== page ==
I’ll stick with my ’95 F150 and my Dodge Magnum. But that’s just me.

        Like 3
    • Little_Cars

      In 2017, I needed a truck to haul a two-horse aluminum trailer and the occasional little British car. After doing my research I headed to the dealer to look for a basic conventional pickup with short cab, short bed, no bells or whistles and a towing package. The salesmen looked at me sideways as if it no one would buy a basic truck in that configuration if they kept one in inventory. Sure enough they found one about a week later. Had to be driven 500 miles to get to me. Passed a new Ranger on the highway the other day…barely perceptible geneology from the compact Ranger it was supposed to conjure up. Same with the new Chevy Blazer. No stick? No sale!

  3. DayDreamBeliever Member

    Wouldn’t the 350 be a One-Ton, not a 3/4 Ton?

    Like 9
    • Oregon_Guy78

      450 is the 1 ton

    • Michael55

      You are correct DayDreamBeliever, the 350 is a 1-ton. I had a F350, then went with the 3/4 ton F250, and now I have a F150. I have less horses to haul to shows since the kids are grown up.

      Like 4
  4. Rosco

    Very cool truck, hard to find with low miles and in this condition. Great for pulling, or just driving around and not looking like everything else on the road. Spend $50k+ for well a equipped new truck for towing, or if your concern is gas mileage, buy a Prius!

    Like 9
    • dcowan

      Agreed. It like what do they say? It speaks to me lol

      Like 1
  5. art

    Very sharp vehicle but that sad, sad, steering wheel drags it down. Shop for a NOS wheel and replace it…fast.

    Like 1
    • Danko

      I believe these were produced in Canada if my memory serves me right

      • Dan Breejen

        They were made in White Pigeon, Michigan right near the Indiana border. Centurion was a large van and truck converter back in the day.

    • Little_Cars

      Looks like a stock steering wheel with a significant amount of wear. About par with everything else sold in 1990. Good luck retrofitting any other wheel here with the many electronics, horn, cruise, etc built into this stock one! Maybe re-cover with a nice leather wrap (?)

      Like 1
  6. Dan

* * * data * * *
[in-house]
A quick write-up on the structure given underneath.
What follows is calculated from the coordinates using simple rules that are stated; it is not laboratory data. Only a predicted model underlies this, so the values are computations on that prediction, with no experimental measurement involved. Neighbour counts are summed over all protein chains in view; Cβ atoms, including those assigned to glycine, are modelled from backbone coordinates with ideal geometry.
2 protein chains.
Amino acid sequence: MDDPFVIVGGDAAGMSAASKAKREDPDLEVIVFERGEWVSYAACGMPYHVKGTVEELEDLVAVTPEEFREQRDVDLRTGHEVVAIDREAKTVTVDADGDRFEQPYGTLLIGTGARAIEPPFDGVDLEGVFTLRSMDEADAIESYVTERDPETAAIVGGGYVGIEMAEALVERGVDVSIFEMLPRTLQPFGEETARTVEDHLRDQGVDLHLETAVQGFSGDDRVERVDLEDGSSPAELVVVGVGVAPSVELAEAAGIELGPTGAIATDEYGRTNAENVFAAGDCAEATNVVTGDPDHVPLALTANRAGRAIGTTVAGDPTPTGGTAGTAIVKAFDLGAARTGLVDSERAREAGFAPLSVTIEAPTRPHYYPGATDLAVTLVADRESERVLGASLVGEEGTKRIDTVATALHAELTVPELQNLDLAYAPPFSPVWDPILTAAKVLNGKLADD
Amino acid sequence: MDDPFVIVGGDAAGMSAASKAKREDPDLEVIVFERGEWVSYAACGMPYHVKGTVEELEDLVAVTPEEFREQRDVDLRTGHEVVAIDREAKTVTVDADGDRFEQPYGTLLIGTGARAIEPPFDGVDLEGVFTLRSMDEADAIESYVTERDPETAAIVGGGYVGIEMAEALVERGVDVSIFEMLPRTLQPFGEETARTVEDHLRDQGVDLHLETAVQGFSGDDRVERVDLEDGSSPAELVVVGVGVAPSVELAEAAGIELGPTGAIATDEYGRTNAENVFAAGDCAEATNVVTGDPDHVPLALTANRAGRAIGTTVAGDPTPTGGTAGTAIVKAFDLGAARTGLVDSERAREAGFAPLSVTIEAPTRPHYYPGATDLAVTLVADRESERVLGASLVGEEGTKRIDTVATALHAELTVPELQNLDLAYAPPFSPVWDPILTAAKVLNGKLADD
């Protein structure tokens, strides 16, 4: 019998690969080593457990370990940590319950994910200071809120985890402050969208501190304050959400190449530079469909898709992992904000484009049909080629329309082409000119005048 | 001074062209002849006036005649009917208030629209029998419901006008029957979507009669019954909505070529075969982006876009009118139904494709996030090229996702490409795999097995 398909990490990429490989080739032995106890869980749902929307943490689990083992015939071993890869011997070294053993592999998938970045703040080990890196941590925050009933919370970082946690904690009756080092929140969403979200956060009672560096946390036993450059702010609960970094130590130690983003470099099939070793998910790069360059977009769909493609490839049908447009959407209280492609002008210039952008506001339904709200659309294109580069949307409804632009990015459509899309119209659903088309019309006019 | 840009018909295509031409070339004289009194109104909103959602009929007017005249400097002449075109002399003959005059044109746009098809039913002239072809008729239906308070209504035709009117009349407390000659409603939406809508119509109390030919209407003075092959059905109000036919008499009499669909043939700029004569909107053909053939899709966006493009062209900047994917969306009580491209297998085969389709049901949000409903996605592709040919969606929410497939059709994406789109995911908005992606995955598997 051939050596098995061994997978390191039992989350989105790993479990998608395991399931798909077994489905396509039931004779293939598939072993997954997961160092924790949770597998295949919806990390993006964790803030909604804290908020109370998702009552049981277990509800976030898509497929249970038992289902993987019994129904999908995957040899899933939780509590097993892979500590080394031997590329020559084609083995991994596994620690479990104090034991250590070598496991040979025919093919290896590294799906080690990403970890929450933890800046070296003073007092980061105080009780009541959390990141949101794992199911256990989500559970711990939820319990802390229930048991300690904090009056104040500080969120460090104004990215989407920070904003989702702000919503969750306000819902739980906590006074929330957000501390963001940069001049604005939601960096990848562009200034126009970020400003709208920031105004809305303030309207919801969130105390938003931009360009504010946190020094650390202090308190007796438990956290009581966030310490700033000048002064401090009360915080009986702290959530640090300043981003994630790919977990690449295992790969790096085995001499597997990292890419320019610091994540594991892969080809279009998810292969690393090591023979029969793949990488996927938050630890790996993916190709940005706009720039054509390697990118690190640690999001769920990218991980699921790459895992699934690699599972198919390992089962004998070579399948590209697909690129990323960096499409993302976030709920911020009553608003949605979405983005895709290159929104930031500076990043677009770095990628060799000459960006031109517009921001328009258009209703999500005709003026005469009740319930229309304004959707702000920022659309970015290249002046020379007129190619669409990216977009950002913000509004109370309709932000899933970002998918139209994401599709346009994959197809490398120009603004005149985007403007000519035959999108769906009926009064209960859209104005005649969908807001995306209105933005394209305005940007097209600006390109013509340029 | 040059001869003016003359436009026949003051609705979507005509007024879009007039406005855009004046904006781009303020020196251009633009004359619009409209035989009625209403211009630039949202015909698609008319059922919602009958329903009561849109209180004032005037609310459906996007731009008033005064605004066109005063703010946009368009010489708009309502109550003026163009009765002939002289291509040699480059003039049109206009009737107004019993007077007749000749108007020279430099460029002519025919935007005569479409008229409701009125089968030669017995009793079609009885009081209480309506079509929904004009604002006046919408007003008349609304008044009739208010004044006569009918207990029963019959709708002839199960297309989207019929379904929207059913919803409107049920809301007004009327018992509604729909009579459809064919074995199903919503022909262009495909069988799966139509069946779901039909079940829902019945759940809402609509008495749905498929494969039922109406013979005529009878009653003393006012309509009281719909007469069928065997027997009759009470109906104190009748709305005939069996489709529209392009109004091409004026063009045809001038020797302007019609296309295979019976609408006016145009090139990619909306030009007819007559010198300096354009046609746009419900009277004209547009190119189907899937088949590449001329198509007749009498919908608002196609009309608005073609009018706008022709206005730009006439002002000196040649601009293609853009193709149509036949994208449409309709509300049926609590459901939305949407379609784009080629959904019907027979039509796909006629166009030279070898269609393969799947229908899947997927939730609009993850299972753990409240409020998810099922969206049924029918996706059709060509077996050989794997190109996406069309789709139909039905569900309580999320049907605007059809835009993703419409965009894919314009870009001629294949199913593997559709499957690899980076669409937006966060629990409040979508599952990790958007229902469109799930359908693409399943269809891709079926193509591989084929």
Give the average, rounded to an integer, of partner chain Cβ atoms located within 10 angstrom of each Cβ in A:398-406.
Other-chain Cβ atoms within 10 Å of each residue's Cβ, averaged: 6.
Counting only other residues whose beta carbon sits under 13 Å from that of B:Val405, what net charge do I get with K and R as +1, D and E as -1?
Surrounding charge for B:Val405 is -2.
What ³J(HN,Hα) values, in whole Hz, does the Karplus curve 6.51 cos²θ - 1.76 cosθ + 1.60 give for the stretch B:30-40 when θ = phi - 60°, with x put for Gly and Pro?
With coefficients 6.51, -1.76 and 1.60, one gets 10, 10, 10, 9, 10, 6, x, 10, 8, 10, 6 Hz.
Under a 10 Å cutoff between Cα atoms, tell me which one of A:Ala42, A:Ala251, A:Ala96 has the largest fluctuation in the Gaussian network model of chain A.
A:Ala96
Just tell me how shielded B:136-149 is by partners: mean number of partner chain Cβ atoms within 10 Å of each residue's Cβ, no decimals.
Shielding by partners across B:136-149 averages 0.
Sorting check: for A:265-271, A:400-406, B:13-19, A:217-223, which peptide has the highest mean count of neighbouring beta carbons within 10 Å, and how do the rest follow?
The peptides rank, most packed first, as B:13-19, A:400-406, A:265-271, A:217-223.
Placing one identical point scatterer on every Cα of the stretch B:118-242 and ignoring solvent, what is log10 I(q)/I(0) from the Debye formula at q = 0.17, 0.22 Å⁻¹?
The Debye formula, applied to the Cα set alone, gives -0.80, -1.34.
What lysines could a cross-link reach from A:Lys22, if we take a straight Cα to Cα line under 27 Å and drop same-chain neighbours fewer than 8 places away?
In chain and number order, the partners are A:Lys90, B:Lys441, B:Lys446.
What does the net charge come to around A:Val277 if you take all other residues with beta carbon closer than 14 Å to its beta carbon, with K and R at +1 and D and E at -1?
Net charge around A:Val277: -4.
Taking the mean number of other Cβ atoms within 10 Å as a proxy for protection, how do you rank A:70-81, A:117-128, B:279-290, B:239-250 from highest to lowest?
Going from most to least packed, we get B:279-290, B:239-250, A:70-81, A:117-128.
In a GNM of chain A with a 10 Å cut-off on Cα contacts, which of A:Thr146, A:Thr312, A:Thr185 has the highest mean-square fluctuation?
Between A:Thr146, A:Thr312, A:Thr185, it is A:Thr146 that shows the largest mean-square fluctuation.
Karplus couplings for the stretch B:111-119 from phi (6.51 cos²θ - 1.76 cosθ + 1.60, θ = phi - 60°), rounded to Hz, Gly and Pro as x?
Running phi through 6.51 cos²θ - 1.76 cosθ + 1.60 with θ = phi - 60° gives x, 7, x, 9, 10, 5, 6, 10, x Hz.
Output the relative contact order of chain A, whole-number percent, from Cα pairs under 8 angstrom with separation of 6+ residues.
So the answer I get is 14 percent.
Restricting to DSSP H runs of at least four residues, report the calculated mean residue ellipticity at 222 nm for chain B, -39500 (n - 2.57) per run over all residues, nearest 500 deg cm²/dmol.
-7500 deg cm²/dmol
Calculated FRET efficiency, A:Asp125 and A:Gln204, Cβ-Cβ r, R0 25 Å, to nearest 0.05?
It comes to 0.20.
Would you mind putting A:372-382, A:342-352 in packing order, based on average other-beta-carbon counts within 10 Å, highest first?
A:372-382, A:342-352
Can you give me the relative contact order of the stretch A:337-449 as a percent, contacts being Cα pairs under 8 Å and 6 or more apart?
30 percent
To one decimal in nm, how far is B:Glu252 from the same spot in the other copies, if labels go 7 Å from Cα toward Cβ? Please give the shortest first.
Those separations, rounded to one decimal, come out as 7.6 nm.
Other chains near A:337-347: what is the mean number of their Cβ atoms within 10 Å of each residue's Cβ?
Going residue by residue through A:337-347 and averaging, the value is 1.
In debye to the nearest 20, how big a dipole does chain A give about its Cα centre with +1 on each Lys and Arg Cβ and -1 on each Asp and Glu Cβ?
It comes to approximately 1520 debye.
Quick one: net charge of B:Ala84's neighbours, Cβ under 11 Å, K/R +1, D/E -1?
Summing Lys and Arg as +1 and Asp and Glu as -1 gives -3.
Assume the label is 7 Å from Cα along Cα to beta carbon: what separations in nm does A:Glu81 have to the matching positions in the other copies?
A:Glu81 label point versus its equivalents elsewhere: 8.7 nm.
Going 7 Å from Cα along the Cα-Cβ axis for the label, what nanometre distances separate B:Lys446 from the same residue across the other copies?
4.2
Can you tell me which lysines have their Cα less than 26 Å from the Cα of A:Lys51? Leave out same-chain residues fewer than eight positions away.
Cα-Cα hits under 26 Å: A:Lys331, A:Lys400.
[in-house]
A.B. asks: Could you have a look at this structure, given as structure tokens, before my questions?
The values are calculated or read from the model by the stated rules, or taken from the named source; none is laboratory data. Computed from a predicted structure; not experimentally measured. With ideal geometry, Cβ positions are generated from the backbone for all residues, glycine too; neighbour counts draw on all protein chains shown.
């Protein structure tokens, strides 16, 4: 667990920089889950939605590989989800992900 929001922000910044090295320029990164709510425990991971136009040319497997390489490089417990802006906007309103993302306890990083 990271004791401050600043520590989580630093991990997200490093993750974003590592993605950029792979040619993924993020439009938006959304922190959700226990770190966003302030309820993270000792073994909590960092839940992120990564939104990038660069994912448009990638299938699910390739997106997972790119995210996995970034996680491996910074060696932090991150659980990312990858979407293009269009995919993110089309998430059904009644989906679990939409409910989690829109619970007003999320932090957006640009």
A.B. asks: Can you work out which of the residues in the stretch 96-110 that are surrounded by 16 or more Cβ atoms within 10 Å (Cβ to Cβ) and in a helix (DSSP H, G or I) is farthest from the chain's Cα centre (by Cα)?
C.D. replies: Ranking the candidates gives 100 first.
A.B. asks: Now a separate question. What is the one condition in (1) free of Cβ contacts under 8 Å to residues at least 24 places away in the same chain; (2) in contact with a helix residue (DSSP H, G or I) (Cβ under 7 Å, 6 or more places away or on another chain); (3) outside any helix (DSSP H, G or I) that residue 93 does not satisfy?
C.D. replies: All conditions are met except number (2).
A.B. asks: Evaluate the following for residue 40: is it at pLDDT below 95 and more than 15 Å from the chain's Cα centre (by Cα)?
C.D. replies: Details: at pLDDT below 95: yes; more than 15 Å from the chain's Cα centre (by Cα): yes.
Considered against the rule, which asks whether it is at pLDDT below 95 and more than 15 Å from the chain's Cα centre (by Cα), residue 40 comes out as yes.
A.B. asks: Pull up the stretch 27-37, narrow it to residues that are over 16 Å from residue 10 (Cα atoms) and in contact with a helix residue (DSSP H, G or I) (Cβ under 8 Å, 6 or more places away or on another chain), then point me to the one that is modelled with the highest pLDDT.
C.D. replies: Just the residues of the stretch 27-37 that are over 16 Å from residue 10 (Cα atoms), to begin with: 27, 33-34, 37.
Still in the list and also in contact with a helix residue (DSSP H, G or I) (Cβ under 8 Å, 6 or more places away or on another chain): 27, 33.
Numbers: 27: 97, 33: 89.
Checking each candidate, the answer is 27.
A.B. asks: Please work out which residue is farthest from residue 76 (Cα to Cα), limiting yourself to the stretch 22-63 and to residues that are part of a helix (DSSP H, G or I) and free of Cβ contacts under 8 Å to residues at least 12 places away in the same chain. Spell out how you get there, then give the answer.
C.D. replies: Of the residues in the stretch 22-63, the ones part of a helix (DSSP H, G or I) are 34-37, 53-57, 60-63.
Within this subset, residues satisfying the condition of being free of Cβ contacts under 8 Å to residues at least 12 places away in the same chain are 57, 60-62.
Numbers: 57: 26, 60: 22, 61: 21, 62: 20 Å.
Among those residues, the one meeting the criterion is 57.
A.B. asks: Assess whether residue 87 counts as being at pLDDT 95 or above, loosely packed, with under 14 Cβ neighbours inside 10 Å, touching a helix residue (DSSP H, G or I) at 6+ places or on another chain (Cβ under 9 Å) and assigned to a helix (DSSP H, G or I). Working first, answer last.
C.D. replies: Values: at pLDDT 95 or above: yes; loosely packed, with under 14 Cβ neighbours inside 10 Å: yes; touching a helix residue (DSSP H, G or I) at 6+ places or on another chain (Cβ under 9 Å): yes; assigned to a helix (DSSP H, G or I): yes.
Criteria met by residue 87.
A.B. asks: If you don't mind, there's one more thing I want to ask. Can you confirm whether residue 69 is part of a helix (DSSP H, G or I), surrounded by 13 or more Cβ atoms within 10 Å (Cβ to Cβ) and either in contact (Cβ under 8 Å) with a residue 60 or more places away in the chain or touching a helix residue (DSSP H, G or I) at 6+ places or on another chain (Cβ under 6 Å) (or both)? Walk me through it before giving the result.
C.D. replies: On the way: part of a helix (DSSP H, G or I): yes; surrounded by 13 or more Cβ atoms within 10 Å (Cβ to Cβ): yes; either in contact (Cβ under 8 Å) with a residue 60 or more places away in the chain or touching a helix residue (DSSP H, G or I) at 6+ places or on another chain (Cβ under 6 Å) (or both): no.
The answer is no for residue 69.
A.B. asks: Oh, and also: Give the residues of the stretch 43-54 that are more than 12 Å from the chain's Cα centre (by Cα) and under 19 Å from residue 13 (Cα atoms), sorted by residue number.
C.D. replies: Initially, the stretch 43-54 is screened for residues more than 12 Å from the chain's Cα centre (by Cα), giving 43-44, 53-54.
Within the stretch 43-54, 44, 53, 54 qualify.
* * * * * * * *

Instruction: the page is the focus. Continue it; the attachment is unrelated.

These trucks are pretty cool, but too dang big and thirsty for me. If only Ford had offered a turbocharged Diesel back then! I somehow suspect the reserve will not ne met.

    Like 3
    • val

      Do like everyone Smart does and drop a cummin’s engine in it . Forget the Gas Trash .

  7. Arthell64 Member

    I had a 96 F250 4×4 with the 460 engine and it was not fun keeping fuel in the tanks.
    It’s not how many miles per gallon it’s how much time do you have until it runs out because if it’s sitting at a redlight it was sucking gas.
    Bad gas mileage usually doesn’t bother me too bad but this was horrible. Other than the terrible gas mileage and the warped exhaust manifolds it was a good truck.

    Like 1
  8. Car Nut Tacoma

    Sweet looking Centurion. Why it was never sold in the USA is beyond me.

    • Rosco

      The Centurion was sold at many Ford dealerships around the United States. Pretty sure they were never sold at Canadian Ford dealers. I think it had something to do with safety regulations for a modified body/chassis.

      Like 3

    😲i have a 1968 f250 camper special dove 429 c6 👍💰😎

    Like 1
  10. Bing

    Interesting vehicle, but I had a one ton pick up with the same motor and it was an unbelievable gas hog, and I mean like single digit gas milage. Currently have two other older one tons and they are diesel powered dodge and chev. Both dualies and I get in the mid teens mpg. Both will pull 34 foot stock haulers with ease.
    Just sayin.

    Like 1